Low Vision and Fall Prevention

Older man lying on steps with cane, glasses and slipper beside him where he fell

September is Fall Prevention Month, the perfect time to talk about preventing falls if you are blind or low vision.

Between 2015 to 2050, the number of people 40 years and older who are blind or low vision will double (Varma, 2016). This statistic means the number of older people with vision loss will rise dramatically along with their need for safety and services. One major concern is the risk of falls. Older people with vision loss are at high risk of falls for a variety of reasons: balance issues, medications, fear, lack of good mobility skills, and co-morbidities, to name a few. Further, they are twice as likely to report falls than older people without vision loss (Crews, et al, 2014).

The medical cost of falls is high in the United States. According to AARP (2017), “A substantial share of healthcare expenditures for adults aged 65 and older was attributable to falls, accounting for 6% of Medicare expenditures and 8% of Medicaid costs. Of the $50 billion, almost 99% was spent in the aftermath of nonfatal falls.”

Risk Factors Related to Vision

The following visual issues can greatly affect your fall risk as well as other daily activities: visual acuity, visual field, contrast sensitivity (the ability to detect differences between light and dark areas), glare, light and dark adaptation, color vision, and binocular vision. It is critical to see your eye care provider to ensure that these risk factors are addressed. For example, there are special tests that can check for contrast sensitivity.  In addition to a comprehensive eye exam, you should seek a referral for low vision care.

Risk Factors

In addition to vision problems, there are many risk factors that can lead to falls such as:

  • Difficulty with walking or balance 
  • Heart rate or heart rhythm issues
  • Muscle weakness and/or foot problems
  • A history of falls and/or a fear of falling 
  • Taking multiple medications (4 or more) 
  • Dizziness 
  • Health conditions such as arthritis, stroke, and diabetes 
  • Rushing and not paying attention 

Older people who have low vision may not be aware of simple adaptations they can make in their homes to prevent falls. Further, they may not be aware of fall prevention and related programs which mitigate the risk factors such as addressing muscle weakness and balance issues. Some popular evidence-based programs that have been adapted for people with low vision are Matter of Balance and Walk With Ease. These programs are often available in local senior centers or hospitals. Contact your Fall Prevention State Coalition to find out more. Also consider using the new CDC Falls Free CheckUp checklist.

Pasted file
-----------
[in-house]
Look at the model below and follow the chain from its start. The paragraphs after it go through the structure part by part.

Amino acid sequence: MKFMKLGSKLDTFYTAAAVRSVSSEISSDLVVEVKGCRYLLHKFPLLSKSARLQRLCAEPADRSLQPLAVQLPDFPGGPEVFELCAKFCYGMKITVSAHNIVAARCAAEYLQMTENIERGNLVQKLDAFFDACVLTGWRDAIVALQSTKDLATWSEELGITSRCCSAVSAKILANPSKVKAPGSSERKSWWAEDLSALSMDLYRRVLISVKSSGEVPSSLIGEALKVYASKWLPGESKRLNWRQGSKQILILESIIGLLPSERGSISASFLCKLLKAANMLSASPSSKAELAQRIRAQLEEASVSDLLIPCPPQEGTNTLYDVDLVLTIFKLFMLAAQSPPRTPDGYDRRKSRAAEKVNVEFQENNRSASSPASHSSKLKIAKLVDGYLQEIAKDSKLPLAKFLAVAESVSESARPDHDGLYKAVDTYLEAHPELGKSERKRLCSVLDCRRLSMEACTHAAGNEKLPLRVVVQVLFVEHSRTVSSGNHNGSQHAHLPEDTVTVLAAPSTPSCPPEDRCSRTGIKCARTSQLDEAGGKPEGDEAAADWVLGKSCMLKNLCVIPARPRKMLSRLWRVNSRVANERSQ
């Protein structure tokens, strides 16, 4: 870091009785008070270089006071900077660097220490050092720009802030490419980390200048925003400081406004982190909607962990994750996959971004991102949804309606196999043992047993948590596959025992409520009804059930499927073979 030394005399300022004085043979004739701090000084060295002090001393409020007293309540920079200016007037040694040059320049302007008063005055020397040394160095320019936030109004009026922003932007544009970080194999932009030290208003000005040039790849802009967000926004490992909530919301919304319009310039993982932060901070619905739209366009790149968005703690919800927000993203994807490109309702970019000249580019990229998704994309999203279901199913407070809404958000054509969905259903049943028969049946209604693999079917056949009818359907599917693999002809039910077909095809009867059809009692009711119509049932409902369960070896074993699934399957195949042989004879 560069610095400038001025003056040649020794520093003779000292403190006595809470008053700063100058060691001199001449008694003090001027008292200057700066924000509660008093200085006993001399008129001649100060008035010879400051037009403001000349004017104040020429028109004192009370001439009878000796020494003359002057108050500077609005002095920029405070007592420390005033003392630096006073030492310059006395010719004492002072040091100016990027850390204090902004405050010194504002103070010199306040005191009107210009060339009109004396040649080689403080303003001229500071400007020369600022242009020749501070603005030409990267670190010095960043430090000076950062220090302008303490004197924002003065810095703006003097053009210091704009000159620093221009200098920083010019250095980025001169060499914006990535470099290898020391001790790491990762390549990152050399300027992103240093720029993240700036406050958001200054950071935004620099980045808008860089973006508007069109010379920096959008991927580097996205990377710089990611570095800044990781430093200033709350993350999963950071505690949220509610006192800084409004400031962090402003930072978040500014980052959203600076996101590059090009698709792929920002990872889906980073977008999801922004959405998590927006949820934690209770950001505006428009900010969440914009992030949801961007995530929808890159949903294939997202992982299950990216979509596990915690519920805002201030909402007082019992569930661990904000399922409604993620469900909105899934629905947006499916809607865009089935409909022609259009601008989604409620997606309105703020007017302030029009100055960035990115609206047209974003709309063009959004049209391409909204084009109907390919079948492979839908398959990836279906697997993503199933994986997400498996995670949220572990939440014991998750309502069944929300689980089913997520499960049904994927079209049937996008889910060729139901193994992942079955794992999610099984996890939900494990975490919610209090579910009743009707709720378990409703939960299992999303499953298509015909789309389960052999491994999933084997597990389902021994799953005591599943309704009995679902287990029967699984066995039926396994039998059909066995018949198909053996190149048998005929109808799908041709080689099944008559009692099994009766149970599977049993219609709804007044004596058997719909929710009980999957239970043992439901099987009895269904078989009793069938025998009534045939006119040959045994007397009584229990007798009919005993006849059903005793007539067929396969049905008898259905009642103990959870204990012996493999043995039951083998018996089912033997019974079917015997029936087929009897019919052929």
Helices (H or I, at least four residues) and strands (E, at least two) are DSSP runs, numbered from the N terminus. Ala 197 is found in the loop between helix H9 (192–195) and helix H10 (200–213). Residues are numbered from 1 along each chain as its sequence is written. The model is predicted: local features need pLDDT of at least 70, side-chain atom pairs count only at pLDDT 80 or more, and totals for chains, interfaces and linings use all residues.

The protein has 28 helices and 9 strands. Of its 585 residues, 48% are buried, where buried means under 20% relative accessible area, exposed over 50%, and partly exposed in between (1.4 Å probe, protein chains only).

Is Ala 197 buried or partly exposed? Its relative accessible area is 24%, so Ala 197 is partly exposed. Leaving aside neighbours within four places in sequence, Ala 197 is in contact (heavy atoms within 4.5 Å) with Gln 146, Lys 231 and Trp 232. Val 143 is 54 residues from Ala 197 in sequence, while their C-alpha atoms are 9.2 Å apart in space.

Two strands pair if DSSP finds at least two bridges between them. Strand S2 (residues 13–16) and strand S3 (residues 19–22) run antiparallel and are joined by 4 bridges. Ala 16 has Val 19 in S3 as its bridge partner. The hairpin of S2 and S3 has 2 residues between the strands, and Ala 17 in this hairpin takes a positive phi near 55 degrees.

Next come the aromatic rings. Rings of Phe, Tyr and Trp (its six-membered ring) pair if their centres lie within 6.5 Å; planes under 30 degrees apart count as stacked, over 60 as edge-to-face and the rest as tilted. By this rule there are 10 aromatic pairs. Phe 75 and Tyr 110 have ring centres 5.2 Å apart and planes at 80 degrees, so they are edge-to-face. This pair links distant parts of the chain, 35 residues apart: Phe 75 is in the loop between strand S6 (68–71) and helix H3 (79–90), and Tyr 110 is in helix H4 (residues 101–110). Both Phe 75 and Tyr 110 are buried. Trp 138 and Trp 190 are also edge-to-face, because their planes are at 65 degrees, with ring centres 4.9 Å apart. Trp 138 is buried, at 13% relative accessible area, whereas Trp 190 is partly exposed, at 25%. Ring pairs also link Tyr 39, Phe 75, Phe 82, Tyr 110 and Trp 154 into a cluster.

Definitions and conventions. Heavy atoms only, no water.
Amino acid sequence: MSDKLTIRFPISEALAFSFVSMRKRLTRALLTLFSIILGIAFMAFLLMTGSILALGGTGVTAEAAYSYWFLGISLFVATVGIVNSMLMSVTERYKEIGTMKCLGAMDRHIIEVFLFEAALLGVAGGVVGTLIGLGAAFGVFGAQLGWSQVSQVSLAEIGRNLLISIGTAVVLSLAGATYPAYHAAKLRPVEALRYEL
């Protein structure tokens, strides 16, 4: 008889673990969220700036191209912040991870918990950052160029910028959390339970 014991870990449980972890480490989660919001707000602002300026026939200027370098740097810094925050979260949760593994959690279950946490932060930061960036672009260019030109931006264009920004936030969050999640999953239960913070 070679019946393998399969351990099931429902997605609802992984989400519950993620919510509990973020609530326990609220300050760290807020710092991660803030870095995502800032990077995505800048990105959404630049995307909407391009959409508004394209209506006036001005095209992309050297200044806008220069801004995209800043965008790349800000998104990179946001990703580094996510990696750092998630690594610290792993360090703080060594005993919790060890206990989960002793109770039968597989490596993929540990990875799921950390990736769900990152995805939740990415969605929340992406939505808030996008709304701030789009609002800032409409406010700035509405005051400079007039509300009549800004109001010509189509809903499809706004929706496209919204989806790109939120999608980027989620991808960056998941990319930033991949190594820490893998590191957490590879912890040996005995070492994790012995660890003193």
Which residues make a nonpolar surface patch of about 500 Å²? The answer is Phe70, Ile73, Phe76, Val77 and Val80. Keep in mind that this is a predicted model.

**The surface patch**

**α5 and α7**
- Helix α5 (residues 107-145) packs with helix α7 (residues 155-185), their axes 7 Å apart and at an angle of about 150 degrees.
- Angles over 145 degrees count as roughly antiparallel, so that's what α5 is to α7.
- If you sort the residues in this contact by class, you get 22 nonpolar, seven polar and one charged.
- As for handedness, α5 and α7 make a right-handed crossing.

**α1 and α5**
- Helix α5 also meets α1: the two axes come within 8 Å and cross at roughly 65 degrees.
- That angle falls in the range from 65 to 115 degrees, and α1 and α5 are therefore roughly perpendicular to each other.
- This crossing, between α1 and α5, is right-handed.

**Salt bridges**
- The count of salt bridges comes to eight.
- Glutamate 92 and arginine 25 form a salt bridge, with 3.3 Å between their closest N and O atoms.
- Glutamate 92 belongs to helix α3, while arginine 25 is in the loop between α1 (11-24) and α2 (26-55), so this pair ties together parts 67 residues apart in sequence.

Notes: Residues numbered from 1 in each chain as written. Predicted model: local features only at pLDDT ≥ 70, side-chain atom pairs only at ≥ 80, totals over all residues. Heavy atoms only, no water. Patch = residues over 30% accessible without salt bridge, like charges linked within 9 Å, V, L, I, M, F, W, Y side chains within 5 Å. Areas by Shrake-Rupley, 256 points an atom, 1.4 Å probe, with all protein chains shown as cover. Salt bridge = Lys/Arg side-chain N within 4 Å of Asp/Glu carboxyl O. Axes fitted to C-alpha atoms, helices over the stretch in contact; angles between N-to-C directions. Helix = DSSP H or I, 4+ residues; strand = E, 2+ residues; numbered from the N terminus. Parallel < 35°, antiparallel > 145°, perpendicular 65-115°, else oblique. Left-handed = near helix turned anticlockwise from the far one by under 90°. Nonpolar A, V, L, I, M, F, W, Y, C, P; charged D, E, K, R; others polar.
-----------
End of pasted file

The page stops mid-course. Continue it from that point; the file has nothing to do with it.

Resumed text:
Develop a Fall Prevention Plan

Audrey Demmitt, RN and VisionAware peer advisor wrote about developing a fall prevention plan, suggesting, among other things:

  1. Make modifications in your home environment to reduce fall hazards. Do a room-to-room assessment of your living space. Learn ways to reduce clutter, maximize lighting and contrast, make repairs, and reorganize. Check out VisionAware’s home modification section for suggestions and try our home survey checklist. For significant needs, consider getting a home assessment by an occupational therapist or vision rehabilitation therapist.
  2. Light up your home. Aging and low vision call for increased lighting. Add additional lighting in hallways, stairways, and outdoor walkways. Use the highest safe wattage in fixtures. Place nightlights in the bedroom, hallways, and bathrooms. Learn more about lighting in the home.
  3. Use a mobility cane. If you are blind or have low vision and do not use a cane, consider orientation and mobility instruction. For more information on the importance of the cane in preventing falls, be sure to read Low Vision and the White Cane, a Tool for Fall Prevention

Fall Prevention Webinar

Listen to our webinar on low vision and falls. presented by occupational therapist Cheri Harbour (formerly Nipp), MS, OTR/L, SCLV. She discussed visual challenges that can increase fall risk including visual acuity, visual field, contrast sensitivity, glare, light and dark adaptation, color vision, and binocular vision as well as adaptations and strategies to address these challenges. Find out more about what you can do to prevent falls.

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